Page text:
The potential consequences of the ECB bailout is discussed in detail by economist John Mauldin in his piece titled “Unintended Consequences“.  Mauldin points out the following:

  • The ECB’s holdings of rather questionable debt that has increased fourfold in the past six months.
  • While the ECB has printed substantial amounts of money that has then been loaned at low rates to European commercial banks, these banks are not making loans to businesses.  Instead, they are buying European government bonds and earning the spread that may improve their balance sheets, but not stimulate economic growth.
  • The cost of short-term borrowing by the weak European governments substantially decreased with the ECB’s interventions.  As a result these countries have replaced their more expensive long-term debt with cheaper short-term notes supported by the ECB.  While on the surface this seems positive for the debtor countries, it is creating a dangerous situation whereby their debt will now mature in the nearer term.  This will create another crisis within a few years when the new debt comes due.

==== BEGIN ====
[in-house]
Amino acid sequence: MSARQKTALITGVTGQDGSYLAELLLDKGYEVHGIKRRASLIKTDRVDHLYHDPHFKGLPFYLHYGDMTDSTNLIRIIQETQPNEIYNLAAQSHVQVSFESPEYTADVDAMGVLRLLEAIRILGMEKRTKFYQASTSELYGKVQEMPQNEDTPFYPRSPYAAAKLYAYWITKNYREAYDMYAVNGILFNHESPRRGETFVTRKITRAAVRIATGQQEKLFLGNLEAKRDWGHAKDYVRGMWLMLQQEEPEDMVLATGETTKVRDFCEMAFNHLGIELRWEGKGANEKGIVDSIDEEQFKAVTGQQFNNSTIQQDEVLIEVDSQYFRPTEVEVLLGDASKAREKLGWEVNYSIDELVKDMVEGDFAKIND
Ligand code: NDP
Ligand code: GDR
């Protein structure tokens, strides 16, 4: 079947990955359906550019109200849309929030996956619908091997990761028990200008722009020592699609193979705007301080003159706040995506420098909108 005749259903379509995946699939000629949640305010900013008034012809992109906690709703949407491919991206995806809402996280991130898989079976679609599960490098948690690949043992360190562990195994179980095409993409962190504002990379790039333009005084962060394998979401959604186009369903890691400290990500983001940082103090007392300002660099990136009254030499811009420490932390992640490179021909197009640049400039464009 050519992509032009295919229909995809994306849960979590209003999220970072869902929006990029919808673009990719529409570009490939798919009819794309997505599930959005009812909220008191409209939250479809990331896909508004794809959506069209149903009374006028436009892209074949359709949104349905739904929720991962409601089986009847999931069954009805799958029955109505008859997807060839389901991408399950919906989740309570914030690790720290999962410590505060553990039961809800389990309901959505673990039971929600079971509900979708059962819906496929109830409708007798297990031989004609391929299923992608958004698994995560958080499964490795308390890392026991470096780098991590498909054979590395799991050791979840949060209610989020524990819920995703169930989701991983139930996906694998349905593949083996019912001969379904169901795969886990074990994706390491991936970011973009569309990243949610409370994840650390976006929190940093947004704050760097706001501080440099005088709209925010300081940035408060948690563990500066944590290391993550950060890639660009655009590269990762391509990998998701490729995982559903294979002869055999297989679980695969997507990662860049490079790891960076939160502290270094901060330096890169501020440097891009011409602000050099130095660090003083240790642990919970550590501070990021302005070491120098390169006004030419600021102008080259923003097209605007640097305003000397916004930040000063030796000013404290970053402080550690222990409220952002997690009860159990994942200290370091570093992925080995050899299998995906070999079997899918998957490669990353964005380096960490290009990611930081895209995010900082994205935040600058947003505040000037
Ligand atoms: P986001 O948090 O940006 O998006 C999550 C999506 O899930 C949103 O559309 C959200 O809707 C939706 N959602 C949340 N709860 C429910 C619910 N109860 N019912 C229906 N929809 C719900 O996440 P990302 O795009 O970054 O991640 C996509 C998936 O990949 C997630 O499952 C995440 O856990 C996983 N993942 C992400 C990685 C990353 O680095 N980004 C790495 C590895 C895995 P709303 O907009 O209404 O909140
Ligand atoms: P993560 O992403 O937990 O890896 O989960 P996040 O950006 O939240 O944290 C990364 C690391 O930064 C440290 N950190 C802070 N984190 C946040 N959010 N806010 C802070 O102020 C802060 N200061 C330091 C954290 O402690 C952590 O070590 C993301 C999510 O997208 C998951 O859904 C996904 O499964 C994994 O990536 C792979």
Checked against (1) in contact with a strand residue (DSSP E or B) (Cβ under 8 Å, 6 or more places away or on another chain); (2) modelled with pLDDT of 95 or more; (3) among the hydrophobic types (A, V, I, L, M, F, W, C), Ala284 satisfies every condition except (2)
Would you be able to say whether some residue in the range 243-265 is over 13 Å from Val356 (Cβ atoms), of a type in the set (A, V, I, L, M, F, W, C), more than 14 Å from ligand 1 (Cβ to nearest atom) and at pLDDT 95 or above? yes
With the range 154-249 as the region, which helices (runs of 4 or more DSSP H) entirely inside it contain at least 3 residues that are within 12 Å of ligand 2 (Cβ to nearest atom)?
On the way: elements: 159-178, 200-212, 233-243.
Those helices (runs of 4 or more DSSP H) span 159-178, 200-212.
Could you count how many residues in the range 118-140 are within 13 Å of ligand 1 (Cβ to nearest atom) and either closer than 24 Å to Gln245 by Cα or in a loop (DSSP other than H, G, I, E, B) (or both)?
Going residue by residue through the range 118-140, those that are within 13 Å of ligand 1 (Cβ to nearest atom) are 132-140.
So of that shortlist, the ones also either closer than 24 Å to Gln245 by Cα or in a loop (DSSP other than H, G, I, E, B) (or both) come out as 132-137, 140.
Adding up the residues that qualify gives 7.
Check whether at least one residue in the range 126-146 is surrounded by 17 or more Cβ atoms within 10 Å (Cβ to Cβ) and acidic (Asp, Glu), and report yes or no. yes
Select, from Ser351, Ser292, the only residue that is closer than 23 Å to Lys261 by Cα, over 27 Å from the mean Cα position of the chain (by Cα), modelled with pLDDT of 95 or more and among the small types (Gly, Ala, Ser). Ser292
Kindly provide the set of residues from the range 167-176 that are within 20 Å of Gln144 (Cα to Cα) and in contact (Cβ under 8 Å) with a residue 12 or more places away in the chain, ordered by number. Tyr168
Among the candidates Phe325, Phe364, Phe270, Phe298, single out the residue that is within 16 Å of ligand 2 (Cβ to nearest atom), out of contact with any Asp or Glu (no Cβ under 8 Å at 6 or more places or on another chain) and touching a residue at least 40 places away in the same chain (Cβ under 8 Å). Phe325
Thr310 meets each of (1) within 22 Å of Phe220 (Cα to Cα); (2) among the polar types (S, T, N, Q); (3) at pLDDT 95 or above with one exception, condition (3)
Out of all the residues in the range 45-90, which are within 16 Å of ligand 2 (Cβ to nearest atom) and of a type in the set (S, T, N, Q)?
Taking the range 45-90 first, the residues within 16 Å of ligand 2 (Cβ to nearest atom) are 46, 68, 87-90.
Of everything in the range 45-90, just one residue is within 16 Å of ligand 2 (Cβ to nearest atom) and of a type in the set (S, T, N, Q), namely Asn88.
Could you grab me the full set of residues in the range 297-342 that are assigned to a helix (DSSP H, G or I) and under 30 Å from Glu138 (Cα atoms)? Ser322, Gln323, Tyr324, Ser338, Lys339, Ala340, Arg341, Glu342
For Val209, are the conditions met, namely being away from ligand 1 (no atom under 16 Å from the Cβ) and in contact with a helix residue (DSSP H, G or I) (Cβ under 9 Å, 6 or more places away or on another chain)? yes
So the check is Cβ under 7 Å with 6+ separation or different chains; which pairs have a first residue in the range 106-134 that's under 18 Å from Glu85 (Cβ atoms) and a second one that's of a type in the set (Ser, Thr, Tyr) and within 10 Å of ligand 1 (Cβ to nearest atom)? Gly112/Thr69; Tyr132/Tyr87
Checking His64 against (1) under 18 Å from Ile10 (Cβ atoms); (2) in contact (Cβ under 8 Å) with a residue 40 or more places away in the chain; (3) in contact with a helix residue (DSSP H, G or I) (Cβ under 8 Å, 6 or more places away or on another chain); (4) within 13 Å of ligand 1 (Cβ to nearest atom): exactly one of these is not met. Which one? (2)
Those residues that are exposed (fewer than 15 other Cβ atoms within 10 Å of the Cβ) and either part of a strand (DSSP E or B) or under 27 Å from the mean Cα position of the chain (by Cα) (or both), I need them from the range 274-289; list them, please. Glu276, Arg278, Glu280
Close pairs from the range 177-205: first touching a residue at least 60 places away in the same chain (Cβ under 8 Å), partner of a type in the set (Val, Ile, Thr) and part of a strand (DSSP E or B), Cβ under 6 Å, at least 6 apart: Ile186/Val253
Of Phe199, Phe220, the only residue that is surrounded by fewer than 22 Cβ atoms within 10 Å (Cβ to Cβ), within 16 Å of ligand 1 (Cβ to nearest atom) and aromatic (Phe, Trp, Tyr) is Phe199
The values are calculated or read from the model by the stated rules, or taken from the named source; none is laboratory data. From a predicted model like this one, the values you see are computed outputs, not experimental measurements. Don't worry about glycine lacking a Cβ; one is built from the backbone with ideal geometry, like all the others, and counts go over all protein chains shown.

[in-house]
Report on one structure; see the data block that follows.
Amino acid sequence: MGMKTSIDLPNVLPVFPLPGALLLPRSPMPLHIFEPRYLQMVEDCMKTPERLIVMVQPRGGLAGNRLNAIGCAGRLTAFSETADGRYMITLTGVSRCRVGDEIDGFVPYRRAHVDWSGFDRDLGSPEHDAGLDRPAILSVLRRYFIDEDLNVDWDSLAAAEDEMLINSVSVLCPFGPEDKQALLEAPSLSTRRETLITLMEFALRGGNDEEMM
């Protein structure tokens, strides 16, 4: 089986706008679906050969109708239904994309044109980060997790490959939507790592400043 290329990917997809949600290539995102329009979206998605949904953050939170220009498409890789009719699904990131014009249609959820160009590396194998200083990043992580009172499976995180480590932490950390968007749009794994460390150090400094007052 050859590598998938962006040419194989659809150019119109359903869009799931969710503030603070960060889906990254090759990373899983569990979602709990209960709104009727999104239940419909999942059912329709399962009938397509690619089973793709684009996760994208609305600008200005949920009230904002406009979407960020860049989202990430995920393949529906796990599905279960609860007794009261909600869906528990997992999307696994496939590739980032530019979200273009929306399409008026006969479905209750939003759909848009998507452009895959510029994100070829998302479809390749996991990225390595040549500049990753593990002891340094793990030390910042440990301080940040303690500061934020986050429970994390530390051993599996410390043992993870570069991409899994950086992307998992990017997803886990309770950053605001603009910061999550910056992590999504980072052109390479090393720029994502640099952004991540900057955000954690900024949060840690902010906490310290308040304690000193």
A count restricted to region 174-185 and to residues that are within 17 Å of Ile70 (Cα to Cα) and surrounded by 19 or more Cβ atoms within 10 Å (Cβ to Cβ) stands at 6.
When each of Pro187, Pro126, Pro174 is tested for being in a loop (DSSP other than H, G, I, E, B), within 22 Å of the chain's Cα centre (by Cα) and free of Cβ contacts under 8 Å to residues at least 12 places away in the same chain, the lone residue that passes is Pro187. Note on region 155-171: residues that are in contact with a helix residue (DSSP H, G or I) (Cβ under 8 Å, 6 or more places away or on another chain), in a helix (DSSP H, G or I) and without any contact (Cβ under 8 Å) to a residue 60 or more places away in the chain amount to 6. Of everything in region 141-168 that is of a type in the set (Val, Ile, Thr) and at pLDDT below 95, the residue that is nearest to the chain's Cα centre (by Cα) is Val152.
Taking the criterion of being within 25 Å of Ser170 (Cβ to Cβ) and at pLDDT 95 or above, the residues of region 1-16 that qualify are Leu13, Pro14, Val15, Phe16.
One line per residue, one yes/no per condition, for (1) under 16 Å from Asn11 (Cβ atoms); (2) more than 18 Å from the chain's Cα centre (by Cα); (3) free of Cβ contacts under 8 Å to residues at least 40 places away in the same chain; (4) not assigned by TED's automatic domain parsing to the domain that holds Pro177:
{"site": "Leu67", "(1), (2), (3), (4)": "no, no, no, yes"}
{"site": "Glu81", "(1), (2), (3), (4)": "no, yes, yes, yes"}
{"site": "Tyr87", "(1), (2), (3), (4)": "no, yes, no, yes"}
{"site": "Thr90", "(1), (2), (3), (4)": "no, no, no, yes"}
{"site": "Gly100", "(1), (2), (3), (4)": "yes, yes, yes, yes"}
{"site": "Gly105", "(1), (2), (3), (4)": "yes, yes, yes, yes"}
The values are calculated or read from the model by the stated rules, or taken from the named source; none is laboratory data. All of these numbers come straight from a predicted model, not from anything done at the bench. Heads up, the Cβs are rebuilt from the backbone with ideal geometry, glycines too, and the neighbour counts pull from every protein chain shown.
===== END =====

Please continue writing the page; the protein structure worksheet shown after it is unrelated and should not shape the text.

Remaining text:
• The bailout of Greece is not being unnoticed in the other problematic countries, including Spain, Portugal and Ireland.  This will likely lead to those countries asking for concessions requiring still additional European bailouts.
  • The ECB bailouts have placed draconian austerity measures on Greece that will further contract their economy making servicing the discounted debt more problematic.
  • Mauldin concludes that in unintended consequence of the European bailout is a higher likelihood that the European Union will be broken up.

As this Blog has proffered in the past, governments are not qualified to efficiently allocate capital (tax dollars), which is what they do when intervening with bailouts or picking winners and losers, such is with green energy companies.  John Mauldin more eloquently states this reality in the introduction to his Unintended Consequences” that is posting below.  Hold on and wait for the consequences.